A few years ago, many people regarded social media as an optional commodity. Today, it has become a solid fixture in everyone’s lives that we can arguably call it a necessity. Social media has affected your life in more ways than one, from personal to financial.
And the latter is what’s fascinating about social media. How can my personal feed or the way I interact with people online affect my finances, you ask? The good news is that it affects you in positive ways. The bad news is that it also does the opposite. Let’s take a look.
Better: Social media is a great platform for businesses
If you’re a business owner, social media has become one of your most essential tools for success. It’s great that there are platforms out there where you can easily advertise your products without spending thousands on advertising. From local businesses to million dollar companies, social media allows everyone to co-exist on a level playing field.
In fact, Facebook recognized their potential in this area and introduced Facebook Marketplace in 2016. Since then, it’s now one of the leading online selling platforms in the Philippines. So if you want your business to grow, everyone has to see it on social media or it doesn’t exist. You can also try boost options offered by most platforms to boost your exposure.
Worse: Social media is an endless advertising board
“If something’s free, you’re the product.” Nothing embodies this quote more than social media. While it’s true that you don’t need to pay anything to use it, you in turn have to deal with inescapable ads and promotions. Scroll through your feed right now and you’ll see two or three posts from brands you interact with the most based on your online activities.
More often than not, social media ads urge you to spend money you don’t have. From cool marketing campaigns to too-good-to-be-true innovations, social media serves you potential money-wasters on a daily basis. If you add the fact that a 2011 study from the Nottingham Trent University concluded that social media can be addictive, you get an unhealthy environment for personal growth.
Better: Social media connects you with the right people
Not only can social media connect you better with the people you love, it can also connect you with the right people. You can connect with financial experts, influencers, and other popular personalities to help guide your financial decisions. You can even join like-minded people from various communities so you can freely share your thoughts and solicit opinions.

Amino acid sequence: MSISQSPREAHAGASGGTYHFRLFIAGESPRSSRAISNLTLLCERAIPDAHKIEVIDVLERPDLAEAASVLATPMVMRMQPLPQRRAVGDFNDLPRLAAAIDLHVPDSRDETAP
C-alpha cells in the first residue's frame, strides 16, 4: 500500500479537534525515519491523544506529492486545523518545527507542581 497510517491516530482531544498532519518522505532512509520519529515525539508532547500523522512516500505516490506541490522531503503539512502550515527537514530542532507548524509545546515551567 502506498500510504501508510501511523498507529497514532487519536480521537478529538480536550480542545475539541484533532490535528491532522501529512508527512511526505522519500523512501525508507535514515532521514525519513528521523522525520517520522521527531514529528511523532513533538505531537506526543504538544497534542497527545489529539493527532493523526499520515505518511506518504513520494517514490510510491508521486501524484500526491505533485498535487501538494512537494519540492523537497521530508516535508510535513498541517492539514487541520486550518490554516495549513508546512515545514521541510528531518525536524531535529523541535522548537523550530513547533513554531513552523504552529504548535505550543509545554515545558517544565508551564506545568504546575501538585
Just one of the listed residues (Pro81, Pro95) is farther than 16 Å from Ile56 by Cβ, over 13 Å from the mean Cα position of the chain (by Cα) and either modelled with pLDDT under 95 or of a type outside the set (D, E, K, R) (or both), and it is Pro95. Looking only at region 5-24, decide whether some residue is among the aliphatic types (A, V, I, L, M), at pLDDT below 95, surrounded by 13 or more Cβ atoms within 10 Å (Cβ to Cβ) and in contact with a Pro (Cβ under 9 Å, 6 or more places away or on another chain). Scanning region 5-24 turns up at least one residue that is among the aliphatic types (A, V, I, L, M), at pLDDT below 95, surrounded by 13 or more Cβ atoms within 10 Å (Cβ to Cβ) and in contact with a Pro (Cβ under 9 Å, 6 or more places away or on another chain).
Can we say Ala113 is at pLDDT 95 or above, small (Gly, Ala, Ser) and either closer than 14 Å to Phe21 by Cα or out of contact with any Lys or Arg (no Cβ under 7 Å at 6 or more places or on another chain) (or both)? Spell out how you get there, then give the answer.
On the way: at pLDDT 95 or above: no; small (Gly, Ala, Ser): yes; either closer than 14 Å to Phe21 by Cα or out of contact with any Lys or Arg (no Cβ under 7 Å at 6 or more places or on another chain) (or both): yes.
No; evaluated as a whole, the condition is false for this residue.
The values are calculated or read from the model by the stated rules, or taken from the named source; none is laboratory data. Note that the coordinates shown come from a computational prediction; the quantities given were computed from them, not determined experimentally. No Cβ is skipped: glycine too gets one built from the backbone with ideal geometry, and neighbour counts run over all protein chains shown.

Contacting companies has also become a little easier as well, thanks to social media. Just find their social media pages and send them a quick DM. Or you can just call them out on your feed or a public group and they’ll come rushing in to help you out. Social media is all about communication and that’s why social media platforms won’t go away anytime soon.
Worse: Social media can worsen your mental health
Most people regard today’s generation as the FOMO generation, and social media plays a huge role in it. More often than not, you feel left out when family, friends, and people you look up to share updates on their a-okay lives. Two studies published in the Journal of Social and Clinical Psychology found that the envy we feel on social media and depression are connected.
When you’re not in a good headspace, it’s hard not to control your urge to splurge. And let’s not forget the bombardment of news we all have to deal with in 2020 since most of us get updates from our social feeds. What’s the use of saving money when the future is this uncertain? Unless you take a break, your mental health will continue to take a hit for the foreseeable future.
How is Social Media Affecting You?
If you’re reading this, that means you’re still online and active on social media. Great job for staying sane and financially stable in the good year of 2020! It’s too late to demonize social media at this point, so the best thing to do is to not let it control your financial decisions. Social media can be a tool for the better—as long as you maximize your usage.
This article first appeared on The Manila Times.
-  Online Social Networking and Addiction—A Review of the Psychological Literature (Nottingham Trent University, 2011)
-  Seeing Everyone Else’s Highlight Reels: How Facebook Usage is Linked to Depressive Symptoms (Journal of Social and Clinical Psychology, 2014)
- All GIFs taken from Giphy.com
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